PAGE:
Hepatitis B

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Hepatitis B is a liver disease caused by the hepatitis B virus. Hepatitis B infection can lead to long-term liver disease which, left unmanaged, can result in cirrhosis or liver cancer. In Australia it is the leading cause of primary liver cancer with over 470 hepatitis B related deaths in 2019. About three quarters of the deaths were from hepatitis B related liver cancer and the remaining from hepatitis B related cirrhosis.

Hepatitis B virus is transmitted when blood from a person with the hepatitis B virus enters the bloodstream of a person with no hepatitis B immunity. It is also transmitted via the semen or vaginal fluid of an infected person. The hepatitis B virus can survive outside the body for at least seven days. During this time, the virus can still cause infection if it enters the body of a person who is not protected by the vaccine.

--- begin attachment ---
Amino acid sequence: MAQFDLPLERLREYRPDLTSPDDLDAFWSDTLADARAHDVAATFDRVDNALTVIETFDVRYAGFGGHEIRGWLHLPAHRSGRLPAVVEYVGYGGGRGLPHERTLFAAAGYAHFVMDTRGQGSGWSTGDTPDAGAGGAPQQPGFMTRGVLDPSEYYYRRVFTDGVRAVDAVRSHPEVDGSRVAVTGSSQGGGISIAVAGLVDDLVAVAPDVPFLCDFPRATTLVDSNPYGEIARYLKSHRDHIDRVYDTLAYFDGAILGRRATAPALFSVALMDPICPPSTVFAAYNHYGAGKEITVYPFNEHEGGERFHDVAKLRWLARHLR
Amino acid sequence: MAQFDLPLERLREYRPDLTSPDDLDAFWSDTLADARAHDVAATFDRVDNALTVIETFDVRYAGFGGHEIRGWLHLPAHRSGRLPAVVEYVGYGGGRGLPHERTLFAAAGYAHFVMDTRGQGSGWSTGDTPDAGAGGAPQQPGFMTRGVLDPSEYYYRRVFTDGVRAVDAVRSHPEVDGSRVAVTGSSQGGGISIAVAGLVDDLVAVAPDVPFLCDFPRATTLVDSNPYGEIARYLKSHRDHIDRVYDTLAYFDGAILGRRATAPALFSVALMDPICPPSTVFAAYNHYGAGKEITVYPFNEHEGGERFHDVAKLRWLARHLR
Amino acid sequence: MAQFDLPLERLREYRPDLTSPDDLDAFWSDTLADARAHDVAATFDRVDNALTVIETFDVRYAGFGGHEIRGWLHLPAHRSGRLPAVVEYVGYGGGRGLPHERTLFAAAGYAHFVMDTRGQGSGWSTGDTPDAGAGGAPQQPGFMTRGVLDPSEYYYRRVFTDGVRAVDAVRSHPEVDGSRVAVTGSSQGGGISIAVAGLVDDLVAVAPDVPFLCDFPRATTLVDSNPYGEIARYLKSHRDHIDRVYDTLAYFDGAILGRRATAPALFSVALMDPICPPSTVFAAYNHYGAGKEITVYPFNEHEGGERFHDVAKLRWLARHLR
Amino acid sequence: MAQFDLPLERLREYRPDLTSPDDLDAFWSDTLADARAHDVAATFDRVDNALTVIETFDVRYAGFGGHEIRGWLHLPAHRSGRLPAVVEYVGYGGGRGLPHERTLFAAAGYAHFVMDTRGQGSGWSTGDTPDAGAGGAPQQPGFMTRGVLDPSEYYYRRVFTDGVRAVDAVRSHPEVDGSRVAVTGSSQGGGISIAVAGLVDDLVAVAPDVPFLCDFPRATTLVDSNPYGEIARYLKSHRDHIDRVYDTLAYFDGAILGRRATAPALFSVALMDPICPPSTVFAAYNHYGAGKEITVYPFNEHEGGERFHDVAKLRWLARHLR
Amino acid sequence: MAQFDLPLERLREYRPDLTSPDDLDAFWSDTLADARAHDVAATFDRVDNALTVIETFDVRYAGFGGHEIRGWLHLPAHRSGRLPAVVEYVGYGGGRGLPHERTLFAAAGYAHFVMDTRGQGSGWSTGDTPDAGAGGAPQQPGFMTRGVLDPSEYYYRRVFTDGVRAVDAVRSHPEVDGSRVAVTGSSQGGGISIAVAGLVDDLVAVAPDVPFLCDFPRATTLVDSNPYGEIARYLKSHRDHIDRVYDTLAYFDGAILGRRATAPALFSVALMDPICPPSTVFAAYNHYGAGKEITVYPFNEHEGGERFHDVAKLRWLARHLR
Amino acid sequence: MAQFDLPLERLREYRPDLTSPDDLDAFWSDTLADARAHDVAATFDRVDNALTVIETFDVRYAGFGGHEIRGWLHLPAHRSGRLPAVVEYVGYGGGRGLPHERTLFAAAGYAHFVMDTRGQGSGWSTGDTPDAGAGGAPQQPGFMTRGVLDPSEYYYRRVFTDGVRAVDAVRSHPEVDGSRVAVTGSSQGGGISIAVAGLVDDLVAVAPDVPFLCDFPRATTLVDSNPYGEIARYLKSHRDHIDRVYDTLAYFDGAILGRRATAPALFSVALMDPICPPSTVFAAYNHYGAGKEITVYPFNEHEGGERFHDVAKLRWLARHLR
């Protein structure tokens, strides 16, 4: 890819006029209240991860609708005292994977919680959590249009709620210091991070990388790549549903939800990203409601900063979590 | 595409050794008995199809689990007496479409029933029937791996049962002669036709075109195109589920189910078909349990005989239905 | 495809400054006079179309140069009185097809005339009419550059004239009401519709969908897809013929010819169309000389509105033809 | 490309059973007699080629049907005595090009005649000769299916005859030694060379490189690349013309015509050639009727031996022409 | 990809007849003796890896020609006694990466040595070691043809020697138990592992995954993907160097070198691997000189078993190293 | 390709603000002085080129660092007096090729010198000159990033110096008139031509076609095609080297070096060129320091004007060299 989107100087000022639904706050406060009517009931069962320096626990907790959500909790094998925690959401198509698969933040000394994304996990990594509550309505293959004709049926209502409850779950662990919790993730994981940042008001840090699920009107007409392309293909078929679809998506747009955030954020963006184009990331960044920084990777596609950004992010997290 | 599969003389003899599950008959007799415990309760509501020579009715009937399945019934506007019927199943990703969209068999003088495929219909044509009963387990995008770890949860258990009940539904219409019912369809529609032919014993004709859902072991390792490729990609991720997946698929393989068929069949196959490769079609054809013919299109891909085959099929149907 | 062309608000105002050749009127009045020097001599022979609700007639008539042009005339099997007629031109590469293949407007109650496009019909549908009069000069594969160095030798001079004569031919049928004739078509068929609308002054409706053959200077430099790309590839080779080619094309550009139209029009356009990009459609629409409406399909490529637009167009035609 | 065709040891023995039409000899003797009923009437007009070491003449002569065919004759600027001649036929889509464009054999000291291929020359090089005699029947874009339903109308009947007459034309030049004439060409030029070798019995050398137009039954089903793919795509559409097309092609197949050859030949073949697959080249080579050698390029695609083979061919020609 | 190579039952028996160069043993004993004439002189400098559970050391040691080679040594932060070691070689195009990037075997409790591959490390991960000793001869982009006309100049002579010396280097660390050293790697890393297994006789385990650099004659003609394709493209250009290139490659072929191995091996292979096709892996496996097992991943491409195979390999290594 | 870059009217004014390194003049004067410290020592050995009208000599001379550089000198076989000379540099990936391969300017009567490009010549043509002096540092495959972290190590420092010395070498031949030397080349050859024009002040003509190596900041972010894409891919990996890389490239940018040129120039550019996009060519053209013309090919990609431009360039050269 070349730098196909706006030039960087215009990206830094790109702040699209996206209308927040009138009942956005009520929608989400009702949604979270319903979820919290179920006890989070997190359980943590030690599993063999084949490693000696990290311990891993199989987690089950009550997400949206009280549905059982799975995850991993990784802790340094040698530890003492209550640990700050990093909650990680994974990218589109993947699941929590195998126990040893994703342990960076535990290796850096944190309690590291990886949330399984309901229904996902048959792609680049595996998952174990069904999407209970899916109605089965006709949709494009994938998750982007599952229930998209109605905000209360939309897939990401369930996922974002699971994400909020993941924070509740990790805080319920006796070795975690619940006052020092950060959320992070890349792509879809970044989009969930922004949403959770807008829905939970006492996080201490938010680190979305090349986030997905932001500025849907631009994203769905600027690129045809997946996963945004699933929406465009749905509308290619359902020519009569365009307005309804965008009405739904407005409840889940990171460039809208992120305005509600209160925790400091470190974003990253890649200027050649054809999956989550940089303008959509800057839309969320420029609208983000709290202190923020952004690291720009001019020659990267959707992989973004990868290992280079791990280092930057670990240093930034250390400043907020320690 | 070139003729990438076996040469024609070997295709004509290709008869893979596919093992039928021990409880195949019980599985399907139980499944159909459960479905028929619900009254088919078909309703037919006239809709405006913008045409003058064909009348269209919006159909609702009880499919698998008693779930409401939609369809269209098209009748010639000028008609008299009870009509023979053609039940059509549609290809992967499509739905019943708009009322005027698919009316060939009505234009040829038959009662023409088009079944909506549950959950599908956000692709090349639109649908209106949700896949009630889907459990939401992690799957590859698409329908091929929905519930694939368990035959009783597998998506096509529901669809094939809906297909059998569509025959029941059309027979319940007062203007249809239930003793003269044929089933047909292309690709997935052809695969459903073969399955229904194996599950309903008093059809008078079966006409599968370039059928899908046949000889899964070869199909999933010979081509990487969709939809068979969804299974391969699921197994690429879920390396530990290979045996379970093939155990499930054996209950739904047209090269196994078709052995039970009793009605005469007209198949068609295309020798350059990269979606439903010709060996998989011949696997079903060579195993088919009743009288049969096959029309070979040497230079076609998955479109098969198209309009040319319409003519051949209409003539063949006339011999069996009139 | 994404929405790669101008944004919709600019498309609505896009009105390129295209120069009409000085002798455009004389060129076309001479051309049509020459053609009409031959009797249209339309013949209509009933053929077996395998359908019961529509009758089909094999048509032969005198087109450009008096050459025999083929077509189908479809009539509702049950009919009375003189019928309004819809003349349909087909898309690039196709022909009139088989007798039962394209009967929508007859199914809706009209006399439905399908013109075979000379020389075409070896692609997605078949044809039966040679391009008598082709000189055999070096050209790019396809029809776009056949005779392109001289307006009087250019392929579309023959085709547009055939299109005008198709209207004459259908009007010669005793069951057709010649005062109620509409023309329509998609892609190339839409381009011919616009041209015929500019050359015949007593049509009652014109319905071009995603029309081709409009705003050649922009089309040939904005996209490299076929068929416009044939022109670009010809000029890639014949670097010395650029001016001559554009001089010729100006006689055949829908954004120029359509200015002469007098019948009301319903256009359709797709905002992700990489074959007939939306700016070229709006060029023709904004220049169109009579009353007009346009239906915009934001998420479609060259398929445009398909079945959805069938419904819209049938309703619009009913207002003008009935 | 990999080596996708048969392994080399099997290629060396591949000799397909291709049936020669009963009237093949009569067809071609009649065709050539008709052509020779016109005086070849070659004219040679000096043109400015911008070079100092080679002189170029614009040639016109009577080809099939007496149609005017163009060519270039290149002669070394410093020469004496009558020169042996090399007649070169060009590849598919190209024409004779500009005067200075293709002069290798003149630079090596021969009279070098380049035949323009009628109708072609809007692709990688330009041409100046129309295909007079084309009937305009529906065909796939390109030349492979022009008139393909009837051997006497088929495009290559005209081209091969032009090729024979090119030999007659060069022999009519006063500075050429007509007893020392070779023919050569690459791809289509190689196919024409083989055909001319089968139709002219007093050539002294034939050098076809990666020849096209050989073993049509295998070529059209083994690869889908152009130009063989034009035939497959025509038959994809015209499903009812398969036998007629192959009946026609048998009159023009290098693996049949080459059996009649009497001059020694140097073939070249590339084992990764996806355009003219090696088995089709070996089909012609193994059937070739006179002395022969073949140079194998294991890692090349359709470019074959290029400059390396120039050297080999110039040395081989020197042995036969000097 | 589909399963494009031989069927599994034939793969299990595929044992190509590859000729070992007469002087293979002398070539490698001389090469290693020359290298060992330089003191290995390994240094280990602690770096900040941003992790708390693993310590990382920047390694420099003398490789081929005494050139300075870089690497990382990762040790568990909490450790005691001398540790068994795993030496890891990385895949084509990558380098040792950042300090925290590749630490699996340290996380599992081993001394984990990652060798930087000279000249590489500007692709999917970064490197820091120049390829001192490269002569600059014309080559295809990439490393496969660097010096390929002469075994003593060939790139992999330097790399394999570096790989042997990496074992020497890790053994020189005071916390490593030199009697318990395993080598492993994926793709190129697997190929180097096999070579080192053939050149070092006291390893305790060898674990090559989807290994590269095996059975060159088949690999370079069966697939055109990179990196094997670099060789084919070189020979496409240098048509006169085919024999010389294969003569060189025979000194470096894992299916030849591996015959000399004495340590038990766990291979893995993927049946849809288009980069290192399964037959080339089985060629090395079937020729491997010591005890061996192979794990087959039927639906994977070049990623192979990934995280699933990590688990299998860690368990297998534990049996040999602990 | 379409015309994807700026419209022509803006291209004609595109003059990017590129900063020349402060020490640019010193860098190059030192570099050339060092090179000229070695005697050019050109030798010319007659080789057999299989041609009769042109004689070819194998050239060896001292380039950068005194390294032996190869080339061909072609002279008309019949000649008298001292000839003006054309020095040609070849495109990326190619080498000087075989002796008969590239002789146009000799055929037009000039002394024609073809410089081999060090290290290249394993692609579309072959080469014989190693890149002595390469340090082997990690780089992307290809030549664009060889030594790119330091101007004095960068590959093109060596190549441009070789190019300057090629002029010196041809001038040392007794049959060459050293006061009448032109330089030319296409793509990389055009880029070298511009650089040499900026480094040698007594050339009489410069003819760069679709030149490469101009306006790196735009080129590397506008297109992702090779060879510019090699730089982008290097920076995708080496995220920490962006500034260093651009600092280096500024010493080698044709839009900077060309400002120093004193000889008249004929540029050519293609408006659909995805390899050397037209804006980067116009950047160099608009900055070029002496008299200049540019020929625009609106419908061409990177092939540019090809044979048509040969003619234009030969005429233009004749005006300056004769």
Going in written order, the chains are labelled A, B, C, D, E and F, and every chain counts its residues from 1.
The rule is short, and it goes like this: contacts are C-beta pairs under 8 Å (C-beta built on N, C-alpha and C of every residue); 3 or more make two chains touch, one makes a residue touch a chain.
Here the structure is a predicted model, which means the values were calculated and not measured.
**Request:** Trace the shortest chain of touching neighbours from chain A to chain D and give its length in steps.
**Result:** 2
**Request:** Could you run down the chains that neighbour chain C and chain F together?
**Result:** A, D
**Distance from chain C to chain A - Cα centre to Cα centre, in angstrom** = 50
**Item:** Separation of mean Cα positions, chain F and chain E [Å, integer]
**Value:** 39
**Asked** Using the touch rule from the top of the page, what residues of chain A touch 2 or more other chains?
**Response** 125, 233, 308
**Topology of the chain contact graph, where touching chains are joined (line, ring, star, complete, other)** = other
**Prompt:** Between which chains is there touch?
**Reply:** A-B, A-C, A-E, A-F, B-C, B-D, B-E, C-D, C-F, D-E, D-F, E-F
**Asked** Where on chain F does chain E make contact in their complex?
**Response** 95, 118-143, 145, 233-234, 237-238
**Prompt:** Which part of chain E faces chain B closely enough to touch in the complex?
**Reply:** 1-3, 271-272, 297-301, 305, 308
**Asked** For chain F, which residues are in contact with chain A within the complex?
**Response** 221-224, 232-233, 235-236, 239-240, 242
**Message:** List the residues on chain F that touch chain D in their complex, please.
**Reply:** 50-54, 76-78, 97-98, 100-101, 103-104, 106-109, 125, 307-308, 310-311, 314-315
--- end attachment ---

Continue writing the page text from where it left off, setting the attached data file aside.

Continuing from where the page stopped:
The most effective protection against hepatitis B is vaccination.

To know if you are immune or if you have a current hepatitis B infection, or which stage your chronic hepatitis B is at, you will need to have a blood test done.

Currently, the main aim of most hepatitis B treatment is to reduce liver damage by controlling the replication of the virus. This helps to cut down the risk of serious disease, enabling the liver to repair itself. Not everyone with chronic hepatitis B needs treatment all the time. Treatment is started when the virus enters an active phase.

The decision of when to treat and what treatment to use, is complex and needs to be made by a specialist based on individual assessments.

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